Let's talk about Emergency Power Generators

Thread Starter

Lumenosity

Joined Mar 1, 2017
559
Hi everyone,
I live in South Florida and as most people know, we just got hit bu hurricane Irma last week.
Unbelievably, our power was back on the very next morning!!!!! (Last time we were without power for right at 1 MONTH)

Anyway, I have several generators, including an inverter generator, but the one in question here is my Coleman PowerMate (dirty power) 6700 peak, 5500 watts running generator,...and it's that "dirty" part that I wanna talk about.

I know that "dirty power", more technically, power which does not have a pure 60Hz sine wave (correct?)...can damage sensitive electronics.
I do happen to have an Oscilloscope and I intend to connect it and actually see what just how "dirty" the output is. I will post the results when I do.
IIRC, I did several years ago and I seem to remember it was VERY squared and blocky. Not very smooth. I'll have to connect it again.

Meanwhile, what (if anything) can I do to get more use out of this generator (other than use it as little as possible)....such as line conditioners etc?

My Honda eu2000i inverter generator is so nice, but it's output is a bit limited. Phenomenal for running a fridge or single window AC however. Naturally, running the small Honda for the bare essentials saves a TON of fuel.

For example, my little Honda eu2000i can run my fridge (27cu ft) for 3 days on a single tank fill using eco mode. It's so quiet while doing this I can sleep with it right outside the window and hardly hear it. The Coleman on the other hand is a gas hog beast and will run about 8 hours on 5 gallons. So I try ti minimize it's use since fuel can be in very short supply after a major hurricane depending on the damage done. All 3 cars topped up allows me to safely store about 55 gallons of fuel that I can then withdraw as needed. With that, I can go more than a month on the Honda.

So I use the 5500 watt genny connected to my home via a "tap-box / transfer switch" and with that running, I have everything almost back to normal as long as I am conservative with power demands. But, running the fridge and two window AC units and some lights etc STILL uses about 6 gallons a day so I get approximately 55 gallons/6 gallons per day = or about 9 days of run time. Usually after a week to 10 days fuel stations start getting fuel again. Usually.

I do plan to buy a 3500 watt Inverter generator soon. But for now, I have what I have.

So back to the Dirty Power generator.....what can I do to condition the power output so that IF I use it it doesn't ruin electronics....or should I just sell it off and get another generator?
 

Reloadron

Joined Jan 15, 2015
5,995
Before going to whole house automatic transfer natural gas fueled 18 KW unit I used one of those Coleman Power Mates which worked just fine. Smaller than yours it is a 5 KW peak and 4 KW constant power. That 4 KW supported the house just fine less running the electric clothes drier or the whole house air conditioning. That included the TV and a few home computers. I never looked at the output wave forms but had no reason to worry about it.

While we don't get hurricanes we do get some severe summer storms, tornadoes and winter ice storms in sub zero weather. My wife's mother had brain surgery which did not go well so we did the home care thing for eight years. As her vegetative state progressed more and more medical support equipment came into the house and I began getting more and more concerned about an extended power outage. The Coleman Power Mate was the first addition and like you I rigged a pony station outside. Problem was in my absence my wife would have to drag the generator out of the shed and connect it following my written directions and pull start the thing. While nothing fancy it got the job done but when we did some major home renovations I went with a large natural gas powered unit. The power mate did fine though but did give the UPS units on the computers the fits until once on generator power they were shut down. The voltage fluctuations were more than the UPS units liked. :)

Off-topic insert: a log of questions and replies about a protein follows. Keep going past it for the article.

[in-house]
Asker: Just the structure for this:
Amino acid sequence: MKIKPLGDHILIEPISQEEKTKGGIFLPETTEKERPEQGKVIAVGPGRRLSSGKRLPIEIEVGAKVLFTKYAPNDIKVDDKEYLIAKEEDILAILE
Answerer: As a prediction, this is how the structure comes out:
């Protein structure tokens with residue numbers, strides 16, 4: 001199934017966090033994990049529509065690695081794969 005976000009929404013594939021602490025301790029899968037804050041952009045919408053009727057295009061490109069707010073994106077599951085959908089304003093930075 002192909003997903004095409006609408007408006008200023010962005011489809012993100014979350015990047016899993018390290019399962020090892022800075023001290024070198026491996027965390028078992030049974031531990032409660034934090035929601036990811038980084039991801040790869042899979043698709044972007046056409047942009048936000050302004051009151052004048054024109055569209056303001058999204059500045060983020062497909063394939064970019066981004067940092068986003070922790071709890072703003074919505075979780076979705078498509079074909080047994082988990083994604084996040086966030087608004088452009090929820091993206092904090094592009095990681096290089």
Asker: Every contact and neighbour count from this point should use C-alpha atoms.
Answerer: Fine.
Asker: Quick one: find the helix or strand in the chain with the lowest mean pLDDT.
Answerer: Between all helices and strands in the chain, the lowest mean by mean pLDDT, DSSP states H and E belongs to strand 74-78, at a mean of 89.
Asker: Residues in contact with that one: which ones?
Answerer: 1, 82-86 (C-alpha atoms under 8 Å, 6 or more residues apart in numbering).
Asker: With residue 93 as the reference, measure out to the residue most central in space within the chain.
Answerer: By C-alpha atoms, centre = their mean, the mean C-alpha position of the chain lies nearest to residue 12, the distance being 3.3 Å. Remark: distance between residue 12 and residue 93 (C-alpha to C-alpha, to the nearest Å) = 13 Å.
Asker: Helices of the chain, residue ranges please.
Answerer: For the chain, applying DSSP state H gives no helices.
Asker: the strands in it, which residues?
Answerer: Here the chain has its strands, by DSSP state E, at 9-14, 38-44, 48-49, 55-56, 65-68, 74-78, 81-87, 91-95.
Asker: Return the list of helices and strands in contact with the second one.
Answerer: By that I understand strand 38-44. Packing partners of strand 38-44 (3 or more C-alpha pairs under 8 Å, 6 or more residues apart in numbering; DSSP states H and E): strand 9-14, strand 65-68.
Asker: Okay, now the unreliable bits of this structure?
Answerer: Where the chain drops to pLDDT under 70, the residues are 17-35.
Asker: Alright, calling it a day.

The power mate while not quite a work of art did get the job done on a few occasions, I will give it that and I never had an issue with dirty power and the home computers and medical electronics ran just fine on it. Been a few years and this thread reminds me I should drag the old power mate out of the shed and get it gone over. The carburetor will need cleaned and a new plug. This way if a neighbor needs it this winter they can use it.

As to your unit? I would see what you actually have and if in fact the power is dirty. Then if you want to get rid of it go ahead and get rid of it. Before replacing it I would evaluate your power needs so you can get what you need to support your power needs.

Ron
 

Thread Starter

Lumenosity

Joined Mar 1, 2017
559
Yes Ron,
I saw SO MANY people try to get their generators out at the last minute before Irma hit only to find the darn thing flat out was not going to work.

If stored outdoors, there are a number of steps that simply must be taken if there is to be any expectation of it working when needed. More so in humid climates. Dry desert climates are less prone to outdoor storage failures.

I did run my fridge off the Coleman Powermate before I had the Honda and it survived. The Powermate is designed so that it generates 60Hz when running at a specific RPM....I think 3600rpm. So it's especially important to have it running just right at the correct speed.

There are line conditioners that can be plugged into a generator powered wall outlet that appliances can then be plugged into and they should help. Mainly reducing spikes I believe.

I powered up my oscilloscope this afternoon intending to get an actual output graph....but I couldn't find the darn test leads (argh).

I also had problems running (charging) my battery backups from the Coleman Powermate. As you say, they seem to need cleaner power.

My general advice to people concerning generators is to .......
1). Store them in a climate controlled location if at all possible (such as indoors, under AC)
2). Run them at least 4 times a year, once every 3 months.